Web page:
Connor Reese, as he currently thought of himself, considered the patrons at the table at the far end of the concourse. They looked quite engaged in their conversation, but, frequently, the man with the slightly forked beard would check over his shoulders for potential eavesdroppers.
No chance of casually overhearing them. They may have even set up a short-range privacy field. It would be prudent, and what I would do if I were them. The concourse, is, after all, a public place, and even moderate audio filters are sufficient to isolate their conversation from the rest of the din.
Connor rose from his seat and made his way in the direction of the table, taking a more oblique route by sticking to the tables instead of entering the main thoroughfare. He bumped into more than one patron, offering apologies given the close quarters, and offered the same as he jostled a young man carry a tray of soiled plates. But this time he also took the opportunity to undo the man’s waist apron. A quick motion, and Connor had the apron about himself. It was perfect as the young man had gotten streaks of stray food matter on the apron, a sure signal that he was working-class and not at all an impostor.
Connor snagged a free tray from near the counter where the hostess was paying attention to a comm call instead of her surroundings. So accoutered, Connor made his way to the target table, and began take plates and drinks from the three gentlemen and load them onto the tray.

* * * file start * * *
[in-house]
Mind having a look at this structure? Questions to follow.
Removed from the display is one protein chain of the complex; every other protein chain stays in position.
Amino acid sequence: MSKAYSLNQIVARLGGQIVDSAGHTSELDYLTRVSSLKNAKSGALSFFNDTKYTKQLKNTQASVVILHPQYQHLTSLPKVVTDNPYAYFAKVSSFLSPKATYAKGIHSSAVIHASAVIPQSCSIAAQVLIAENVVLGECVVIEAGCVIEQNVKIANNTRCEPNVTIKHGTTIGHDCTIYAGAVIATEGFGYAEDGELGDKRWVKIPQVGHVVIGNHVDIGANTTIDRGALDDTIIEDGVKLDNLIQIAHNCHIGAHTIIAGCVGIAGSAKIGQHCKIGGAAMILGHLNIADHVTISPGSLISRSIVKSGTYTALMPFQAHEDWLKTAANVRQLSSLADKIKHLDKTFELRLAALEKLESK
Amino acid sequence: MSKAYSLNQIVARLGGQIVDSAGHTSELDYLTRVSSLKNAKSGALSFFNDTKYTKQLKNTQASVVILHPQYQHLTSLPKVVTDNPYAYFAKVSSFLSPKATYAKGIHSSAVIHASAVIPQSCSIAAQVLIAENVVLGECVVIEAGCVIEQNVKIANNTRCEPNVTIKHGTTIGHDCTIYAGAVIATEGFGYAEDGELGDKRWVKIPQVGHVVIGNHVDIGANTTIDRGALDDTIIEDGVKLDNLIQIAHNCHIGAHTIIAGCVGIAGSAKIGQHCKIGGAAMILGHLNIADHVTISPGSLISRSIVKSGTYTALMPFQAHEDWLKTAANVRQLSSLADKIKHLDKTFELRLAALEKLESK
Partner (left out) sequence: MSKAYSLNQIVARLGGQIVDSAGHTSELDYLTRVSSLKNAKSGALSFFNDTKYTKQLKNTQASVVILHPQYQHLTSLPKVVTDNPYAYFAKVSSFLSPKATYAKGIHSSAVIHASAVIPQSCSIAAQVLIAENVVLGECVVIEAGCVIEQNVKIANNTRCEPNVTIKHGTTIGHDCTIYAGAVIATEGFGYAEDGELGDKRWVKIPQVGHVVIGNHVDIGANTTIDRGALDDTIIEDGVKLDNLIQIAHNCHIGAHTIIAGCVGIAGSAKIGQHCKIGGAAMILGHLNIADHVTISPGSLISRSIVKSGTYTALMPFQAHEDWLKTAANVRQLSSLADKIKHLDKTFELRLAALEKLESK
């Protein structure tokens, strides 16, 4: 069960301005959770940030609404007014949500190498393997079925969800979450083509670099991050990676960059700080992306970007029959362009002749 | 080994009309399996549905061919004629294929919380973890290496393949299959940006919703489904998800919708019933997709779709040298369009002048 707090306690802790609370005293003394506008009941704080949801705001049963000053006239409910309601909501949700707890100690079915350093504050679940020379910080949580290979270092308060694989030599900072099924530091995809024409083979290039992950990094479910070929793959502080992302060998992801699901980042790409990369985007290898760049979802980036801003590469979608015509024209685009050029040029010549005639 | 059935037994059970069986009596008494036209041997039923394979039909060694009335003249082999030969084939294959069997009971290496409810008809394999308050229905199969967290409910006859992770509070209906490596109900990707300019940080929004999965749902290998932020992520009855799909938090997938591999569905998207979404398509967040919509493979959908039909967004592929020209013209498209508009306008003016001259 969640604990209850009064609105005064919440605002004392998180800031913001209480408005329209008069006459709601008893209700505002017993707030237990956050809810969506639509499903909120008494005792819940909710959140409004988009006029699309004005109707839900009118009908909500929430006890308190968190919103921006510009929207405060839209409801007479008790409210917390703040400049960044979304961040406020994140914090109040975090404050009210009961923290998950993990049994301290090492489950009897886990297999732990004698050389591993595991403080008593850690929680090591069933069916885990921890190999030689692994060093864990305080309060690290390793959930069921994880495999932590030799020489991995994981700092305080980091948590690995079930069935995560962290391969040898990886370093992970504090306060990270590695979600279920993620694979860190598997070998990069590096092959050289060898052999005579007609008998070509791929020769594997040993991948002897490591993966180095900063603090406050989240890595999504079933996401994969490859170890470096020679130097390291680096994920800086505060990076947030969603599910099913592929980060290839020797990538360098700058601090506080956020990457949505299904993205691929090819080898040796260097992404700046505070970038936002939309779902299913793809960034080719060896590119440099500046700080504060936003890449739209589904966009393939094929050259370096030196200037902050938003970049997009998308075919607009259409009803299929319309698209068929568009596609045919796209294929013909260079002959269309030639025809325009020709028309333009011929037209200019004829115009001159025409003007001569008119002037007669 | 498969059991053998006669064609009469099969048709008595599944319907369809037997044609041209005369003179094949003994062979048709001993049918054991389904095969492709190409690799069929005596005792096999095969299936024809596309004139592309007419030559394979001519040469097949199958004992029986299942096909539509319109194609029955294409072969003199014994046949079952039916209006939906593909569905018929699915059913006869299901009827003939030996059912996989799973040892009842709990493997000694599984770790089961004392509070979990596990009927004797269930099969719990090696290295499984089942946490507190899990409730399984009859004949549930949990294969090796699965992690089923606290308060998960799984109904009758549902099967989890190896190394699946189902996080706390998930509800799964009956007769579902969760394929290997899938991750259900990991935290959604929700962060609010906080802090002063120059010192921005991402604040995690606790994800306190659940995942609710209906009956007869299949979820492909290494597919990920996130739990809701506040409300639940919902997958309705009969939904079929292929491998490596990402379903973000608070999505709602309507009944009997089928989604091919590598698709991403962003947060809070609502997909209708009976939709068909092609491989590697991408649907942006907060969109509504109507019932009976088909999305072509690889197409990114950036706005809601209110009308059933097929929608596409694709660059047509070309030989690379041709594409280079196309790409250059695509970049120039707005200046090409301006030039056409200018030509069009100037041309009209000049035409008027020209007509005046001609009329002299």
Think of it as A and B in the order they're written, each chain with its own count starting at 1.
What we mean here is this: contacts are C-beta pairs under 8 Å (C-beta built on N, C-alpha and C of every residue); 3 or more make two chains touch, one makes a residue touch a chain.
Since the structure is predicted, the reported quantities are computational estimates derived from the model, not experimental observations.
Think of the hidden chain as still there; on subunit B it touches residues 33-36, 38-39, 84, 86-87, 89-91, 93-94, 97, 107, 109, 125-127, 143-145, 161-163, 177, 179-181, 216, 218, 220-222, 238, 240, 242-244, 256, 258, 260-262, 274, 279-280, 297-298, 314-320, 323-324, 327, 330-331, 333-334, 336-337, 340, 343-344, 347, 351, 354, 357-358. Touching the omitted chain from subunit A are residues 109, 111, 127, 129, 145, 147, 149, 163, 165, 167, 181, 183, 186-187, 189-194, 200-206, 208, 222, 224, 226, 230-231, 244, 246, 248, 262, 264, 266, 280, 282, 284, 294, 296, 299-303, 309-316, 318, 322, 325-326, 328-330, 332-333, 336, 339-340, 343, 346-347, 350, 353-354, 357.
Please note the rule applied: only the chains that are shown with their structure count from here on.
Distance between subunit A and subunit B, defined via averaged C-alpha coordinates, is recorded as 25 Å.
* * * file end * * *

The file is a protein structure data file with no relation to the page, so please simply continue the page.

“What are you doing?” The clipped accent of the Consortium accent was hard to miss.
“Please excuse,” Connor said, using broken speech with a thick, Hierarchy accent. It was well known that the Hierarchy kept its slaves oppressed partly by their language. If they couldn’t communicate, they wouldn’t be able to flee to other stellar nations and find work.
“You’re excused, but we’re not done, yet.”
“Sorry. Sorry.” Connor began replacing the dishes and drinks onto the table, then retreated away, taking bows, as was the Hierarchy custom.
The men shook their heads but waved him away.
Connor ditched the tray and apron, then left the tables for the opposite side of the Concourse, thumbing on the receiver in his earlobe. The listening device he had planted under one of the drink umbrellas was getting excellent reception.
The three men talked about fork-beard’s divorce, which could be personally expensive in the Consortium given the myriad nuptial contracts involved.
It was nothing of consequence, which was no more than Connor had expected. He hoped to be able to retrieve the transmitter, but even if he was unable to, it was good to stay in practice with one’s trade. A habit, one might say.